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Posted In: Business Development, Culture & Diversity

How do you add value? Take a lesson from the nation’s premiere negotiators

“Adding value” is an often stated quoted but rarely defined phrase used to describe that element added to a professional relationship that creates a reason to hire or to stay with a firm.  It is typically expressed in statements like, “I stay with Mary because she adds value by keeping me informed,” or “Bob will always be my lawyer because I can trust him to keep us in compliance; I don’t ever have to worry.”

Adding value takes you from being someone who provides a commodity service for a fee to being a professional advisor who is trusted to give advice and provide services that go beyond simply adding to the bottom line.

How do you do it?

Firms and lawyers struggle with the practical application of adding value.  One approach is to draw from lessons provided by negotiators.

When I was a young law student, I took a negotiation class from the authors of the now-famous book Getting to Yes.  In that course, I learned the concept of “alternative currencies.”  We were taught that one way to avoid an impasse is to make an assessment of things you want and things you possess other than money.  These alternatives to regular currency allow negotiating parties to craft creative agreements that are often more meaningful and compelling than agreements made by just focusing on bottom-line dollar amounts.  At its core, assessing alternative currencies is no different than what seasoned negotiators have done for years – somewhat akin to an old horse trader pausing before completing a deal and saying, “What else you got?”  Examples from our workshops included providing excess office space to a creditor, free ad space as partial payment for a Realtor’s fee and even helping a client find a dry cleaner.

The concept of alternative currencies can help you add value to your client and prospect relationships.  After all, we are, in a sense, always in a negotiation with our clients and prospects. Our key relationships want more from their firms.  They need to be able to show that the firm they have selected adds value.  Assessing and then offering to bring to the table something other than our regular legal services for a fee – alternative currencies – is the essence of “adding value.”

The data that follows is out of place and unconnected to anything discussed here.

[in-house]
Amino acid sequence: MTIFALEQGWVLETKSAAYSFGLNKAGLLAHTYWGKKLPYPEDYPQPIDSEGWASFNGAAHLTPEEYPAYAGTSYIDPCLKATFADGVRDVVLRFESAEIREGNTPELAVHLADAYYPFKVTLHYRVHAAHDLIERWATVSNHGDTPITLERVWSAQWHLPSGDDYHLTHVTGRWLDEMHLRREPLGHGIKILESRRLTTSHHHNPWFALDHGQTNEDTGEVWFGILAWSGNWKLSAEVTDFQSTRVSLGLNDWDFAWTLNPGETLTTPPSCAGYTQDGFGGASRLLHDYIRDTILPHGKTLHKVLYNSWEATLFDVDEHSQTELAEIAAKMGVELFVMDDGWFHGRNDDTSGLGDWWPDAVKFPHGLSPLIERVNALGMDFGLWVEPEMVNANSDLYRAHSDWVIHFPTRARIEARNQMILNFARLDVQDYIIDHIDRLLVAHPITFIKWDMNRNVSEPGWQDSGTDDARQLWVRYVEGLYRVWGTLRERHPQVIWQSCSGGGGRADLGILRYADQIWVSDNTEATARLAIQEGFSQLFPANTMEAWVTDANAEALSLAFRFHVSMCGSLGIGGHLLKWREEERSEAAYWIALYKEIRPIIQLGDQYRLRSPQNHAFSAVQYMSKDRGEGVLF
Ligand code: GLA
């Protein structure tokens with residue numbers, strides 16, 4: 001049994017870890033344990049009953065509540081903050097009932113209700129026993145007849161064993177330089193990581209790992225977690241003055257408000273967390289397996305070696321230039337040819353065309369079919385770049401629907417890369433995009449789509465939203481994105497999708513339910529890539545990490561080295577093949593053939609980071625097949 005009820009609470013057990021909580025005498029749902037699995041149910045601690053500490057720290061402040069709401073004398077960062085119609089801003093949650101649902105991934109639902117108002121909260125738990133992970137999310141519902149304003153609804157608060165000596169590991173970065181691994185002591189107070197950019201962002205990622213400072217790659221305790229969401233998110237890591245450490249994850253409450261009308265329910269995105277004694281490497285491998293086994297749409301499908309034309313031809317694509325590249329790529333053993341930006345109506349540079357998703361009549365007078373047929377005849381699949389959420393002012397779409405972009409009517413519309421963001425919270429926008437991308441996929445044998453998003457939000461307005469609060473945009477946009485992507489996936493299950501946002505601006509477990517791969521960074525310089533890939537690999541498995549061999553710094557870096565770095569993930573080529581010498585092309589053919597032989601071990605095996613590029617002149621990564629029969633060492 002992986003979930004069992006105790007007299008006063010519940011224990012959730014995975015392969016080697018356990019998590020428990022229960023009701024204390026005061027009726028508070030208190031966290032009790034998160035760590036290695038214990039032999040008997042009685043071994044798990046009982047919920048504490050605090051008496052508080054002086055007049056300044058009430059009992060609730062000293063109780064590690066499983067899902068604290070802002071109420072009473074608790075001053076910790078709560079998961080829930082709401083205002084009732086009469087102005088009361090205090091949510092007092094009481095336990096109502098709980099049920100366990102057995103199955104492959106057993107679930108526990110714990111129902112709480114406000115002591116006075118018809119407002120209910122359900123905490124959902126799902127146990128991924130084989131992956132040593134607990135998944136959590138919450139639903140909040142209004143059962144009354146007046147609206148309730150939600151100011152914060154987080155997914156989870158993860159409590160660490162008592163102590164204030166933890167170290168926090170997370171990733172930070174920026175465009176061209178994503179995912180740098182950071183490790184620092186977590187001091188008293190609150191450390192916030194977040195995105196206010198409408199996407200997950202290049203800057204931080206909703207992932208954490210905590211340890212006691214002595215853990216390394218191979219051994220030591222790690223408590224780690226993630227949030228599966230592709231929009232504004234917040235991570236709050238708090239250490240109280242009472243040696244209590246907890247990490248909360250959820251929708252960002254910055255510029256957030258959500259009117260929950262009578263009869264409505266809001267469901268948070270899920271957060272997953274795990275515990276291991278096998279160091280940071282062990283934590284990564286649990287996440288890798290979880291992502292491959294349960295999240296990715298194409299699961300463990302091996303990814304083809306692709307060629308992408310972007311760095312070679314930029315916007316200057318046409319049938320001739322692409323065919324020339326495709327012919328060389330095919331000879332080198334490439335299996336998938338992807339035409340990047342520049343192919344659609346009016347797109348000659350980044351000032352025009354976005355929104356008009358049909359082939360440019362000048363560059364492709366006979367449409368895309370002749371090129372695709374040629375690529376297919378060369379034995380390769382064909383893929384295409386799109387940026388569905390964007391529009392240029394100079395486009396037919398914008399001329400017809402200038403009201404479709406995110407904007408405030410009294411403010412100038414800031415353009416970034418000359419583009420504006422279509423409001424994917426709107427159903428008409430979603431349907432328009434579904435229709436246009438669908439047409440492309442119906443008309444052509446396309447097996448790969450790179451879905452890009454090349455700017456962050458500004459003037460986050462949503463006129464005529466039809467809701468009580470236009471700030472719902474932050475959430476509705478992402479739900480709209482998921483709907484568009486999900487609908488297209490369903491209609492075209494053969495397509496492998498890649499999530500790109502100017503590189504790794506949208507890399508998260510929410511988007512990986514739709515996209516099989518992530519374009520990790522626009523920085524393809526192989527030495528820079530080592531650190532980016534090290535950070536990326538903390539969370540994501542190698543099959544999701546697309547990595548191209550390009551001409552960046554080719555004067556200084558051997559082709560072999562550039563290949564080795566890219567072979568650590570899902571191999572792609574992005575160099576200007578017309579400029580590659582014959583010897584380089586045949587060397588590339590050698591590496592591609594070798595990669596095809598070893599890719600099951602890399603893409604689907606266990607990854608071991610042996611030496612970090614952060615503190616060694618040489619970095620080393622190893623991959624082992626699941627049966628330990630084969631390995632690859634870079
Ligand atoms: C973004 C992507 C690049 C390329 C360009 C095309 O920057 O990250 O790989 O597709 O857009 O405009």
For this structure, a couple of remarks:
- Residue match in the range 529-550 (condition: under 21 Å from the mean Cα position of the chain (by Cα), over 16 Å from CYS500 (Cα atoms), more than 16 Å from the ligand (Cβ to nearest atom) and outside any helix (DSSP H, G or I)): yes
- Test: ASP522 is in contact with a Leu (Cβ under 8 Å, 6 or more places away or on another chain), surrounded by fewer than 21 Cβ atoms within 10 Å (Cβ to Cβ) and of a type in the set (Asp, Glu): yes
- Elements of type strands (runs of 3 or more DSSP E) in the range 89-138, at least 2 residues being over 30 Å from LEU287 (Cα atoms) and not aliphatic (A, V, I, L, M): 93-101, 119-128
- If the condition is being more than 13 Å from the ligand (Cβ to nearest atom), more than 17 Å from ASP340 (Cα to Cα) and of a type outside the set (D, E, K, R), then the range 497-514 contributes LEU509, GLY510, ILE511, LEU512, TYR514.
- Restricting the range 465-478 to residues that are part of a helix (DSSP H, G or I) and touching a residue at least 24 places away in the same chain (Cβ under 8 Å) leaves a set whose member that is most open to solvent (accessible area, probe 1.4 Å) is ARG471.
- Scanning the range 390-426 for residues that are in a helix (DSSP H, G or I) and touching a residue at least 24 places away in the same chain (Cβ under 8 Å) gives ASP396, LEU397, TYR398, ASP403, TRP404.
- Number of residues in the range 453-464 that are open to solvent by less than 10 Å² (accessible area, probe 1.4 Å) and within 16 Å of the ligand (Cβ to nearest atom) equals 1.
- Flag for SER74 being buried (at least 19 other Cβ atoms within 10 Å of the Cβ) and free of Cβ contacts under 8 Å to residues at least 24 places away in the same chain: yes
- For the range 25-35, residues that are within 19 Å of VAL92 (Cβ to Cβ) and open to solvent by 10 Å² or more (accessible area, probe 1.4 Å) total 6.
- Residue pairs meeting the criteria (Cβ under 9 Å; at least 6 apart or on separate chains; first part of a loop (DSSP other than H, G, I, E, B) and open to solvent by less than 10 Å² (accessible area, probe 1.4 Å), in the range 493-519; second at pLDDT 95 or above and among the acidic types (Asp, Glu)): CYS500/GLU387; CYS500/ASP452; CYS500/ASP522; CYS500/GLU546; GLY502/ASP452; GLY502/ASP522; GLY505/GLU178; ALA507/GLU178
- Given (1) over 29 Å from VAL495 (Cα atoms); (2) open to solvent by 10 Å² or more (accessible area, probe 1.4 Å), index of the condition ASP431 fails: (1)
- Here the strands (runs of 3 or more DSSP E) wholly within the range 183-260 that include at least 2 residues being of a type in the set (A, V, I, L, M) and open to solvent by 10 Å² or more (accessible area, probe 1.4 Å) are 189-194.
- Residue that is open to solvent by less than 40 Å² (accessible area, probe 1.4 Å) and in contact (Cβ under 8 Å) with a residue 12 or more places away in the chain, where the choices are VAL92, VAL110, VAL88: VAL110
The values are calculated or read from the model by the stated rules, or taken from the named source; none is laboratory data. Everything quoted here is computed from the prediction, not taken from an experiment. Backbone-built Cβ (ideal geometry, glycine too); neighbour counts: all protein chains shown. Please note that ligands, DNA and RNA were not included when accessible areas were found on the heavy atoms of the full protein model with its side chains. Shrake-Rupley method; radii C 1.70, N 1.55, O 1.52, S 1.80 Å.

The following is a list of just a few ways some of my clients have used alternative currencies to add value for their clients.

  • Audits
  • On-site visits
  • Knowledge management tools
  • Intranets
  • Work product databases
  • Access to libraries
  • Access to other research tools
  • End-of-matter debriefs
  • Annual strategy meetings
  • Office space
  • Conference room space
  • Speakers at client events
  • Making the client look good in front of a superior
  • Training new in-house associates
  • A weekend with the family at the lake house
  • Training a new member of the executive team
  • Introductions to key players in a client’s industry
  • Benchmarking and trends
  • Helping a contact find a job

Viewing your attempts to add value through the lens of alternative currencies helps clarify how you can better serve clients and prospect. What alternative currencies have worked for you?


Craig Brown has worked with managing partners, attorneys, CEOs, and executives, as a coach, consultant and business executive for over 20 years.  He is a Principal in Business Development Practice at LawVision where his consulting and training practice focuses on helping law firms rethink how to build clientele by reconnecting people to their core strengths. 

He can be reached at cbrown@lawvisiongroup.com

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